The Beacon

CEO Note: Another Chlorine Plant Goes Mercury-Free

Bluefin tuna (Thunnus thynnus) in the Mediterranean. (Photo: Oceana / Keith Ellenbogen)

We all know that seafood is good for you, and that fish is high in heart-healthy omega-3s. And I’m sure you’ve also heard warnings about mercury levels in certain species of fish, especially if you or anyone you know is starting a family. But you might not know that the chlorine industry was a major source of mercury released to our environment.

The chlorine industry used to release massive amounts of mercury into the environment and into our oceans, where it accumulated in fish and other predators high on the food chain. As of 2004, when Oceana began its campaign, an estimated 90 percent of the chlorine industry had already switched to newer, mercury-free production methods, a technology that had been around for decades. More than 100 factories globally had switched to this modern technology, which is better for the environment and increases energy savings.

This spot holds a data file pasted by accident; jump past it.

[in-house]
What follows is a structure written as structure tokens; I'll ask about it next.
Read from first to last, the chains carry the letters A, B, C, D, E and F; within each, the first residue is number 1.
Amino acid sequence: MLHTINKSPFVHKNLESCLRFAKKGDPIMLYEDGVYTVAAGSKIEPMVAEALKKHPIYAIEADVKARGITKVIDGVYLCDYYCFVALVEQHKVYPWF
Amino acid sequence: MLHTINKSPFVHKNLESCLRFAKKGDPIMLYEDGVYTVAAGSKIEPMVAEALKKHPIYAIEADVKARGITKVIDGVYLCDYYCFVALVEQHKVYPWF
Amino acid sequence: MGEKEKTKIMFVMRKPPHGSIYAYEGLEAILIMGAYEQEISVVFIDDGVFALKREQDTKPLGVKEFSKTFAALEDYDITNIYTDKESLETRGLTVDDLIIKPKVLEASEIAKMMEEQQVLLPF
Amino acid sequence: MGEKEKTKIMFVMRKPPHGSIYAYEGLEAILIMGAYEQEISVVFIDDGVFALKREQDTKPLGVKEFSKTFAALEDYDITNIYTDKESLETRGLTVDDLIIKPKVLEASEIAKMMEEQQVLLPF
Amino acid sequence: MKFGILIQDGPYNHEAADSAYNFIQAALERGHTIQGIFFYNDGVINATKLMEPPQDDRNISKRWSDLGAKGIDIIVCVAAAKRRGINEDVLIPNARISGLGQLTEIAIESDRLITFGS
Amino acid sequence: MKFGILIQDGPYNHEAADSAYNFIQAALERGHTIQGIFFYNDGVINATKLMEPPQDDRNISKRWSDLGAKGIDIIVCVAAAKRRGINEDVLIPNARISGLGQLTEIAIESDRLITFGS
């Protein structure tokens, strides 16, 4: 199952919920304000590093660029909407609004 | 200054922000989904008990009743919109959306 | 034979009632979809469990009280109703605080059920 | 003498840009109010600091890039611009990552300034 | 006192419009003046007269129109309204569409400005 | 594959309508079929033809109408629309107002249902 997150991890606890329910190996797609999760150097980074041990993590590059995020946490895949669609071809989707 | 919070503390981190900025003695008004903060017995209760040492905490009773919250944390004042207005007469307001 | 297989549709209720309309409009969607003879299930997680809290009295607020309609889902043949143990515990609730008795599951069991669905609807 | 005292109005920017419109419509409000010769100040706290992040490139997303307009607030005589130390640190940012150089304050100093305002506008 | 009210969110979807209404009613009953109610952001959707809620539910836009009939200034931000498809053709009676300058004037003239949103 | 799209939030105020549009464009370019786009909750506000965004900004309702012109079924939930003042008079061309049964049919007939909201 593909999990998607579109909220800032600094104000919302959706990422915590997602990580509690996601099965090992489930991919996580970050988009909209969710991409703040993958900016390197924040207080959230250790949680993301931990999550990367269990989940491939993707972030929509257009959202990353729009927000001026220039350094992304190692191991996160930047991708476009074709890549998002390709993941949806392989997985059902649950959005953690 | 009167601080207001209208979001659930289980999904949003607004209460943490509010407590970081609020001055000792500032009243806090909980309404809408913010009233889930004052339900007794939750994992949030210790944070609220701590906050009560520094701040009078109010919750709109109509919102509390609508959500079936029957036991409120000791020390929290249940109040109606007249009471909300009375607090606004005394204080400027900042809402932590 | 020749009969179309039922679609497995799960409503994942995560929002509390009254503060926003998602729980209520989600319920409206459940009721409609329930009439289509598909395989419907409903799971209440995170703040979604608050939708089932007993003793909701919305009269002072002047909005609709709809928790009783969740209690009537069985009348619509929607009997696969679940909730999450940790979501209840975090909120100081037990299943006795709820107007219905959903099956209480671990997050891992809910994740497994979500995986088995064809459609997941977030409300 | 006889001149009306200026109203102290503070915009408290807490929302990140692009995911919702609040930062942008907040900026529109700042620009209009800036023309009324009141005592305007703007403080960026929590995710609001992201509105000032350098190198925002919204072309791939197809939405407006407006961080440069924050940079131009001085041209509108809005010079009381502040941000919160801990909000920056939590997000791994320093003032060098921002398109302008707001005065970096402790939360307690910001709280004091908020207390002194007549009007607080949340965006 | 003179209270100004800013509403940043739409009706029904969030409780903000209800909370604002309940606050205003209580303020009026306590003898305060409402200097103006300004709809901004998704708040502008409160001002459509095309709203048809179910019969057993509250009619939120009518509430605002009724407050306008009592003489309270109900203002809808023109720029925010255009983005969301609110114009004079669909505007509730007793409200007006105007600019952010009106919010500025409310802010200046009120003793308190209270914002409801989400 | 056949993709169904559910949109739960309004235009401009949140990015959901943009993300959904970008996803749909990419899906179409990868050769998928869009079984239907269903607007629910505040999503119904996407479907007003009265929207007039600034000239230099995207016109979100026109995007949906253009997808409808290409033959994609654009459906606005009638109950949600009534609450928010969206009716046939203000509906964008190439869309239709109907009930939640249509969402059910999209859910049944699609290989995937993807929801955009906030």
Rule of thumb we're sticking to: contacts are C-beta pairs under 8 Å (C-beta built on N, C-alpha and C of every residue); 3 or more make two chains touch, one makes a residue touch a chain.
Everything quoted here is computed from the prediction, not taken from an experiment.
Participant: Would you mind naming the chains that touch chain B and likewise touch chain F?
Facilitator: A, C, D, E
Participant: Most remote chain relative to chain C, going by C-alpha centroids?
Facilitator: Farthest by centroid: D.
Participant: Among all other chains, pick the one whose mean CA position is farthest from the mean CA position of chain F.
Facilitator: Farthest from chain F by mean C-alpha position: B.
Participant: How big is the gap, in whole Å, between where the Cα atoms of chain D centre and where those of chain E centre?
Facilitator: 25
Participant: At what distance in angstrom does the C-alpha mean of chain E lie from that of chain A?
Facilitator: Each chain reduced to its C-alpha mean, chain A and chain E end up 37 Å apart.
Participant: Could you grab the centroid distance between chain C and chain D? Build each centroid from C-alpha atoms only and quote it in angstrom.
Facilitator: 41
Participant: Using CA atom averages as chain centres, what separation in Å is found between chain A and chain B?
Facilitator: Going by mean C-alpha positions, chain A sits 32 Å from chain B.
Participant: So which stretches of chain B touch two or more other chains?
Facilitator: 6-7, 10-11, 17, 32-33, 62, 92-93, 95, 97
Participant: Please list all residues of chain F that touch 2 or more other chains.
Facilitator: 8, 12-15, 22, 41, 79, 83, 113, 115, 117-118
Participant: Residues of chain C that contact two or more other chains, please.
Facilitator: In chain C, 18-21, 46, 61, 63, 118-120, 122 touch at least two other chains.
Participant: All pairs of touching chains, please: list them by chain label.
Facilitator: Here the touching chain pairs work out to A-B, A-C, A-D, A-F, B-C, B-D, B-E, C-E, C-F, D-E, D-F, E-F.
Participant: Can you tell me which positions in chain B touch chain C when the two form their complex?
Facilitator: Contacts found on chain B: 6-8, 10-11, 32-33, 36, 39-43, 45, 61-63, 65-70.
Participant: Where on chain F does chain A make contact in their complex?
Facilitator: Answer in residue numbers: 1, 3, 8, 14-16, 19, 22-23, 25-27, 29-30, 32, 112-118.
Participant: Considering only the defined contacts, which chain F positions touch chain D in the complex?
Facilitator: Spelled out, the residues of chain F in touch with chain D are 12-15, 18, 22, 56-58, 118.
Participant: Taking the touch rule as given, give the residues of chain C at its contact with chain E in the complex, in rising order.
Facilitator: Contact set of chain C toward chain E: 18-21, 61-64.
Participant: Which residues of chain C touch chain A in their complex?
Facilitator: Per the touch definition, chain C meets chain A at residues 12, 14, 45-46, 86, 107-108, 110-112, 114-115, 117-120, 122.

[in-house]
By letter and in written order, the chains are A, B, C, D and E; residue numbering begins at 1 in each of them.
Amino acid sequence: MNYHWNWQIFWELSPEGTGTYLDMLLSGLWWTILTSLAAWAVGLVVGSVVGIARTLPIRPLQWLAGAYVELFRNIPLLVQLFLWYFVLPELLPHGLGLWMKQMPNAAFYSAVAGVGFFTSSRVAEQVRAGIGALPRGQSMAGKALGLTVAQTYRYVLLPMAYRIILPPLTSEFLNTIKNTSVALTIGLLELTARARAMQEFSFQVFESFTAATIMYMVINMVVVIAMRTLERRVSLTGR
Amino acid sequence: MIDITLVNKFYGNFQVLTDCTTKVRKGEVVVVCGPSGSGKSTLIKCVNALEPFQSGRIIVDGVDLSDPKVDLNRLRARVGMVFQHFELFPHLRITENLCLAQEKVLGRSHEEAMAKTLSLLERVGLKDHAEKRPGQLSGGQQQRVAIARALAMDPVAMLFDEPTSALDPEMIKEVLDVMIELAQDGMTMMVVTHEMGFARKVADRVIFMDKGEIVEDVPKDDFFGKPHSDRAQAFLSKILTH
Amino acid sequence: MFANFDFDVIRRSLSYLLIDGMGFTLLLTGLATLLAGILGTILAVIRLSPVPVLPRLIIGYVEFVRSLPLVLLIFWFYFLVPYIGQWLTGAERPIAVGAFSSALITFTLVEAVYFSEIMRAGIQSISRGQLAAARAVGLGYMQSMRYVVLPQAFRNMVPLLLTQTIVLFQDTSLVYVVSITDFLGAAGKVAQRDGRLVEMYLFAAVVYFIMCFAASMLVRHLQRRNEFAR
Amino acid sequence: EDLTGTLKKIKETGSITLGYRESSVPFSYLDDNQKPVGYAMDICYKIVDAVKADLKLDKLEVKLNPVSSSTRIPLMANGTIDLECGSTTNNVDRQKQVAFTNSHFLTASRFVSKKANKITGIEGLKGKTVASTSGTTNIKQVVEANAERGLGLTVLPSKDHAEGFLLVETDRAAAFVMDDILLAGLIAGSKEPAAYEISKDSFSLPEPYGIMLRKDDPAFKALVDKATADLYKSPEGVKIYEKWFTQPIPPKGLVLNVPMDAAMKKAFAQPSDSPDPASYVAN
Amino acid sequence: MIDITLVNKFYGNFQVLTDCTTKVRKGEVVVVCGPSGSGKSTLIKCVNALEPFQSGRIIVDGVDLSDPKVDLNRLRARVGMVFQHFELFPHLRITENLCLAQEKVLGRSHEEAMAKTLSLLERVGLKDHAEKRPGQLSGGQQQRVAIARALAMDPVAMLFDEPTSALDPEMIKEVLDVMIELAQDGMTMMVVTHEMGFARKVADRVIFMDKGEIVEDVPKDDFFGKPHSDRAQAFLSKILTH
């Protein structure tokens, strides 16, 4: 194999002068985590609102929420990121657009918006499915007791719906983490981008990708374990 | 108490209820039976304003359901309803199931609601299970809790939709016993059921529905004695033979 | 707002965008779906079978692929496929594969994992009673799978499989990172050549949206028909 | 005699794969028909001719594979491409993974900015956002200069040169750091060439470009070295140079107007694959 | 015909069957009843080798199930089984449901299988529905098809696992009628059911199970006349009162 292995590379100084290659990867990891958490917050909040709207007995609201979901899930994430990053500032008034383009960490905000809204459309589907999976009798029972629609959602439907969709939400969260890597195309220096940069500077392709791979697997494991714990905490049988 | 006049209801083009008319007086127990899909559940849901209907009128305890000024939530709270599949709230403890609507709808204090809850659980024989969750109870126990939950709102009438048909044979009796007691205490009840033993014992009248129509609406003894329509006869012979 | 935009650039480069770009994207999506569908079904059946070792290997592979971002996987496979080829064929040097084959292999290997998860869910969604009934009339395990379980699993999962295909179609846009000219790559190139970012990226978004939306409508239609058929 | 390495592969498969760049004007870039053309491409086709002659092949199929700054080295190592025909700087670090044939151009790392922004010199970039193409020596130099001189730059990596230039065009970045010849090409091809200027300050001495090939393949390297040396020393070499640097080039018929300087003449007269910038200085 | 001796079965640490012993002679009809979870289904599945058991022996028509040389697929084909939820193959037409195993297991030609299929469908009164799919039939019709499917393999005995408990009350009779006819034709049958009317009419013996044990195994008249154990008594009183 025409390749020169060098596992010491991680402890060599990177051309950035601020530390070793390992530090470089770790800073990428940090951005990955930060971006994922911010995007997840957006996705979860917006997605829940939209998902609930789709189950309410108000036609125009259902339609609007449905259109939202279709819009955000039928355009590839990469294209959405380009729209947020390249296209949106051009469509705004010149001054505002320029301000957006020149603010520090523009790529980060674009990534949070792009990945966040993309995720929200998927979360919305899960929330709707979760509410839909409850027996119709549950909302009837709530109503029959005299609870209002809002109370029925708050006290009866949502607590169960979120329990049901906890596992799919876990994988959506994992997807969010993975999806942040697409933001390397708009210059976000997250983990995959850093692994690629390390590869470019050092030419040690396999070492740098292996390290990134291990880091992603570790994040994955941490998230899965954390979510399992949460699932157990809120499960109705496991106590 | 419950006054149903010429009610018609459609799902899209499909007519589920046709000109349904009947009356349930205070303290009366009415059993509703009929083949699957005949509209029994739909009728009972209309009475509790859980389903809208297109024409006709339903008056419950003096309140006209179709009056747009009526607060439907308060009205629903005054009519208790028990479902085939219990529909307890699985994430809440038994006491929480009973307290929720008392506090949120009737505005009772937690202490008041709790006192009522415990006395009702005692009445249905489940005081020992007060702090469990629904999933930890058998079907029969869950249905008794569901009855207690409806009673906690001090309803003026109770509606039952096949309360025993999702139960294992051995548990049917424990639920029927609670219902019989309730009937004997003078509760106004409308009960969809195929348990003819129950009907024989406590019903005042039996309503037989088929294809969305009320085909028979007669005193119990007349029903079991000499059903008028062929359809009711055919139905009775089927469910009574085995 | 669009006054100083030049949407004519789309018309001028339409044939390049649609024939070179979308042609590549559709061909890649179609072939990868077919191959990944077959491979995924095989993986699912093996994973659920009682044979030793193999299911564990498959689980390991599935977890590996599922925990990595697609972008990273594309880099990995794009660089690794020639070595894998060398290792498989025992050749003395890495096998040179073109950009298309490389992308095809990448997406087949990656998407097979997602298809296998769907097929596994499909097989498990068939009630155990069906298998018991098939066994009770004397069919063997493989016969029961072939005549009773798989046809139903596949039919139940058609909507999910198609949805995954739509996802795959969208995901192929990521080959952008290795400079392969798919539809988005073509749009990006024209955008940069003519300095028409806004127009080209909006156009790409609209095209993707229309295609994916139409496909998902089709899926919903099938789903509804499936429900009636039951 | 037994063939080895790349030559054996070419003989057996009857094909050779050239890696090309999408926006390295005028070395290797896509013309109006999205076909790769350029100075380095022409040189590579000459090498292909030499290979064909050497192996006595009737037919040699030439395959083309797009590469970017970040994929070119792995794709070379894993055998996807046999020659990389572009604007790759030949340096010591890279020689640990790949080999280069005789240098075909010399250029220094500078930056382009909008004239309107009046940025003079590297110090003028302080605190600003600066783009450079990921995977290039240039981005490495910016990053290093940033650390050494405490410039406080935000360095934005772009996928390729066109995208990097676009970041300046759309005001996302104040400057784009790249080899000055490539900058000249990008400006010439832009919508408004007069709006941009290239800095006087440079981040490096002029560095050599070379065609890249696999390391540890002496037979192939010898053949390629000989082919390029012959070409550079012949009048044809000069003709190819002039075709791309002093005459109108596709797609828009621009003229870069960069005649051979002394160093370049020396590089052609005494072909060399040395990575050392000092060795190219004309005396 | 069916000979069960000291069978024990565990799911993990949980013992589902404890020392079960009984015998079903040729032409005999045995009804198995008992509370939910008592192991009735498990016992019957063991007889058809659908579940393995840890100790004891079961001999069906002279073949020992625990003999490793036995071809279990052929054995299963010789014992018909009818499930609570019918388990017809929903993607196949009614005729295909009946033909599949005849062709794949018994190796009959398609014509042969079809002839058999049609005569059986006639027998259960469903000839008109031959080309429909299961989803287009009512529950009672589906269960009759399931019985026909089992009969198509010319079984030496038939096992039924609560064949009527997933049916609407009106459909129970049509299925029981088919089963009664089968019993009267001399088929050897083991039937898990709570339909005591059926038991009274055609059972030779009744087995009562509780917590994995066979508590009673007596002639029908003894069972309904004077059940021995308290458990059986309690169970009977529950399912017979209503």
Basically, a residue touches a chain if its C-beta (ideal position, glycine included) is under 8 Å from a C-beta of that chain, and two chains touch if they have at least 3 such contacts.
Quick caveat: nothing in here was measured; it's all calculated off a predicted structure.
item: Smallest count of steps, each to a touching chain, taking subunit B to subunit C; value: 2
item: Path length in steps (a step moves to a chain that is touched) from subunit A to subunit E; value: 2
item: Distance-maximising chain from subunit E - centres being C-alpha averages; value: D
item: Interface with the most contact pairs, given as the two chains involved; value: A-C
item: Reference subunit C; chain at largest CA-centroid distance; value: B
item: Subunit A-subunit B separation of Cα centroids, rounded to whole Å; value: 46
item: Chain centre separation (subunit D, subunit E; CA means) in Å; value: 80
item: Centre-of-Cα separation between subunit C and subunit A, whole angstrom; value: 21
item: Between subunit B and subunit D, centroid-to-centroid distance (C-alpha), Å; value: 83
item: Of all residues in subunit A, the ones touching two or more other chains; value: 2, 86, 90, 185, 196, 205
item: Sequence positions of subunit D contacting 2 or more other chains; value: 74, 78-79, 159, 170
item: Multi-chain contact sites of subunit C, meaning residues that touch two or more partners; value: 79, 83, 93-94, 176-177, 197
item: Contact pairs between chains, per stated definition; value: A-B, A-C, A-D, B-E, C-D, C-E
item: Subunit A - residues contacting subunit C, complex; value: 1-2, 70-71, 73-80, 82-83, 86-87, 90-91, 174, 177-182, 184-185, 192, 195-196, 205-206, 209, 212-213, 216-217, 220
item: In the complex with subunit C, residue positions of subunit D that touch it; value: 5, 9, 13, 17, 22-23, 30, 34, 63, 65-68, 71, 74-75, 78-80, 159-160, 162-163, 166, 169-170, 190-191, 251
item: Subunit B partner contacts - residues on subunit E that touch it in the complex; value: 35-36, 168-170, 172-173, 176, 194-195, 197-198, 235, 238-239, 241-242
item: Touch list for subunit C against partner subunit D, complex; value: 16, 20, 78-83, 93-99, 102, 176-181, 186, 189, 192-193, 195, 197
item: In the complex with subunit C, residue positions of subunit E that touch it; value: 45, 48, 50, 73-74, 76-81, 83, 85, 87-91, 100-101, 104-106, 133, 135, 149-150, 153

Unfortunately, at that time, nine U.S. chlorine plants still used mercury, and as a result sent at least 10,000 pounds of mercury into the environment each year. Oceana launched a campaign to reduce these unnecessary mercury releases and to encourage the FDA to require posting mercury warnings wherever seafood is sold. After several years of campaigning, we were successful in pressuring seven of these nine plants to convert to mercury-free production.  

I now have great news to share with you—Ashta Chemicals, one of only two chlorine plants that continue to use mercury today—announced that it too will go mercury free. This means that of the original nine plants, only one still uses mercury, and that one uses it for only 25 percent of its production.

This victory comes at an important moment, as the U.S. Food and Drug Administration (FDA) recently updated their mercury-advisory guidelines for the first time in 10 years. A draft of the updated guidelines encourages pregnant or breast-feeding women to eat more low-mercury fish—suggesting a diet of 8 to12 ounces of fish per week.

Fish is a healthy, sustainable meal for millions of people across the world—but only if we keep it free of toxins. Your support ensures that Oceana can continue to make sure that fish remain a healthy food option for our growing population. With this victory, our oceans and our favorite seafood just got healthier.

For the oceans,
Andrew Sharpless
Chief Executive Officer


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